Restaurant Review: No. 35 offers bijou dining down on Kenmare's main street

"it is a tiny little space, tables squirrelled away in nooks, crannies, and cubbyholes over two floors, yet the soft lighting of wooden floors, wall panelling, ceiling beams, and rugged grey stone walls lend an instant cosiness"
Restaurant Review: No. 35 offers bijou dining down on Kenmare's main street

Cosy comfort at Kenmare's No. 35 restaurant

  • No 35 Kenmare
  • 35 Main Street, Kenmare, Co Kerry
  • Tel: 064-6641559
  • no35kenmare.com
  • Opening hours: Friday to Tuesday, 5pm to 9.30pm

AND so we return once more to Kenmare, or Neidín, as I have instead thought of it for decades since a Jimmy McCarthy song, a maudlin yet naggingly persistent melody made famous by Mary Black first ear-wormed its way into my head many decades ago. It wouldn’t have been my first choice on the jukebox, to put it politely, but in another youthful lifetime I worked as a roadie for the great Irish chanteuse and heard the song night after night after night after night … in the end, resistance proved futile.

I have been coming here since my teens, initially, ‘camping’ under starlight to attend the bacchanalian Cibeal Cincíse arts festivals, gradually elevating the standard of my lodgings upwards through the years, but the sense of anticipation remains the same, most especially if you eschew functional convenience of the main road and divert at Ballyvourney for an infinitely more elemental trek over the top of Coom.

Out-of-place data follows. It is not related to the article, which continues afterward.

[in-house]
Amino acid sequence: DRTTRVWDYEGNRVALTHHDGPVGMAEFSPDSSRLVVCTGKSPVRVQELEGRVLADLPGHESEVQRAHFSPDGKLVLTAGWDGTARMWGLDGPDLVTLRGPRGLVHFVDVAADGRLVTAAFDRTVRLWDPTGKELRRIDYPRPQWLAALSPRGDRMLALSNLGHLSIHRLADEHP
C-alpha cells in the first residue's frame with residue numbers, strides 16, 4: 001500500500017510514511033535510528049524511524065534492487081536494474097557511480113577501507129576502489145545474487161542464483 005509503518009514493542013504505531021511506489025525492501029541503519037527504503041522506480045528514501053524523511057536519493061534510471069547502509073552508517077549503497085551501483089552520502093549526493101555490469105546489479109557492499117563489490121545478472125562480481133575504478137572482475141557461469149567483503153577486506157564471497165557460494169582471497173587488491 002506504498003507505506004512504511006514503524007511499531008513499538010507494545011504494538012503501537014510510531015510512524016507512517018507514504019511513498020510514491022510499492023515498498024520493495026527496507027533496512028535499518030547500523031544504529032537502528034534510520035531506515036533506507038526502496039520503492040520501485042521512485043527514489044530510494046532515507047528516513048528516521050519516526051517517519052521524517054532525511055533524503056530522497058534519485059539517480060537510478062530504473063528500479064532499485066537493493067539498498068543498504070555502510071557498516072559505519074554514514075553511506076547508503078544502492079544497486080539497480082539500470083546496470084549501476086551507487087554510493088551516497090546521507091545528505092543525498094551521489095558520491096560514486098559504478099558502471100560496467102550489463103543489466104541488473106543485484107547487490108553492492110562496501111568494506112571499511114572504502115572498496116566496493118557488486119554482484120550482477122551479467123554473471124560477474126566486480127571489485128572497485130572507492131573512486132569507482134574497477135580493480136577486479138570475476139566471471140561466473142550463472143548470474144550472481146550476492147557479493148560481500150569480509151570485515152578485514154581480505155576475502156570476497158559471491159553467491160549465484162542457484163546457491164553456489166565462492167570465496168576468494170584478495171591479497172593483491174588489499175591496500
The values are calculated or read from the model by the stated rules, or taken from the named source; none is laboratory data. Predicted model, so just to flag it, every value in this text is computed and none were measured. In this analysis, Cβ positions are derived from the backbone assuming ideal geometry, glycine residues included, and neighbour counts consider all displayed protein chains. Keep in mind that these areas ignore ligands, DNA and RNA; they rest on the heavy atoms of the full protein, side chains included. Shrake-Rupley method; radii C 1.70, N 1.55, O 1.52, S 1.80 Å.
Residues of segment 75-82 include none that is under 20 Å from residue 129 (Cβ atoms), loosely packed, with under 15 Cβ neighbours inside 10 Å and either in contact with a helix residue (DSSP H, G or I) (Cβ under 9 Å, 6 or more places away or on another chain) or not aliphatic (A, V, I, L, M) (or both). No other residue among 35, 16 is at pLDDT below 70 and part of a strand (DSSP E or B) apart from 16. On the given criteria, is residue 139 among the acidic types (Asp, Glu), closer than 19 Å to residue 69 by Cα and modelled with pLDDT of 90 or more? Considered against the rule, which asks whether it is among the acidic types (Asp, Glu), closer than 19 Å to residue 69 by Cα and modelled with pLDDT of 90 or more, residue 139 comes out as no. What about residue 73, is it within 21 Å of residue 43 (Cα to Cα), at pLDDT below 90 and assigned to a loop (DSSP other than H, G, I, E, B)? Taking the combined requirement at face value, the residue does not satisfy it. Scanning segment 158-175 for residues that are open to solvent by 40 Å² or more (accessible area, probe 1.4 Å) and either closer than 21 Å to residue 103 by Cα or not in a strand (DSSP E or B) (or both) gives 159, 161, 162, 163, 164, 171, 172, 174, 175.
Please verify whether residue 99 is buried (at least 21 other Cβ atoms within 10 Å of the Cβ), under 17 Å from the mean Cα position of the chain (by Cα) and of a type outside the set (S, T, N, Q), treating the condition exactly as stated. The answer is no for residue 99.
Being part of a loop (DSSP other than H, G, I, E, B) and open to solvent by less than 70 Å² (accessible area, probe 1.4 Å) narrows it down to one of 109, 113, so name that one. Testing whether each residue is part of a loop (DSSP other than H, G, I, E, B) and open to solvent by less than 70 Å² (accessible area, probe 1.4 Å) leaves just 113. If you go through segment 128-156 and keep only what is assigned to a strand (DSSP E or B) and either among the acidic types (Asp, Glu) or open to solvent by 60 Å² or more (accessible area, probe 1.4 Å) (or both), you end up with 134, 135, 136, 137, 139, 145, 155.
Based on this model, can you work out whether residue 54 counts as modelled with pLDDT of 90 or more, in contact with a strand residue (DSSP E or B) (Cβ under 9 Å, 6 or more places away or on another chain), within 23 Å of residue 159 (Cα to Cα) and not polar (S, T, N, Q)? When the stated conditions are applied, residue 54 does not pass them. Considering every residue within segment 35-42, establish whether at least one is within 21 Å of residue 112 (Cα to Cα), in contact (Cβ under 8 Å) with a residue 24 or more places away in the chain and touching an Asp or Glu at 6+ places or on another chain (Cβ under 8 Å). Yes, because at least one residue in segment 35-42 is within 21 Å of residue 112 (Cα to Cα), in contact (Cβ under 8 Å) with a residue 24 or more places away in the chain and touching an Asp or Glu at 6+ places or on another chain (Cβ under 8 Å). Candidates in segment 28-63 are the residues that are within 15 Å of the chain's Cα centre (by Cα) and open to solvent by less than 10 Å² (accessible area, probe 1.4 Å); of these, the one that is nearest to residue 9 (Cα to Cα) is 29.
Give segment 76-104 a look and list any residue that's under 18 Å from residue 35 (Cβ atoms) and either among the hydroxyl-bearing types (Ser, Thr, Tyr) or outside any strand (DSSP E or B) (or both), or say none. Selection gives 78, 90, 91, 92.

It is a beautiful September evening: crisp, dry, autumnal and, buoyed by a splendid Negroni served up by Brian O’Connor across the road in John and Francis Brennan’s latest project, the newly refurbished Lansdowne Hotel, reimagined as a snazzy boutique hotel, all is right in the world, a welcome delusion on this currently crazy planet.

The word, ‘bijou’, was surely coined for No 35 because it is a tiny little space, tables squirrelled away in nooks, crannies, and cubbyholes over two floors, yet the soft lighting of wooden floors, wall panelling, ceiling beams, and rugged grey stone walls lend an instant cosiness, an all-embracing intimacy that has us rubbing our hands in gleeful anticipation, further heightened when the progeny bum a few bucks for takeaway instead and head back to the hotel room for quality time alone with their digital overlords.

Two starters jump out at us: Octopus, with Chickpeas, Chorizo and Piquillo Peppers and Beets, with Vanilla, Crozier Blue, Red Chard and Candied walnuts; we order both.

But I also order Saddleback Pork Sausage, Kimchi, Scallion, Coriander, for any pork offering in No 35 is especially unique. I generally don’t eat pork in restaurants because I don’t remotely care for the meat of industrially farmed pigs. From an ethical standpoint, their confined conditions are inhumane and, also, result in a poor finished product, the taste of which is grossly inferior to that of pigs reared properly in the outdoors.

There are other restaurants offering free-range pork, and though I am sometimes suspicious of the authenticity of its provenance, the pork in No 35 is particularly special, Dermot Brennan’s Kenmare Free Range Pork.

You see, Dermot Brennan is the owner of No 35, as well as its ‘mothership’ at the other end of town, another splendid four-star boutique hotel, Brook Lane. They are the only two restaurants in Ireland serving up their own free-range pork and, in my book, that alone is worth travelling for. A small herd of sows means a limited supply; when they run out, it is off the menu.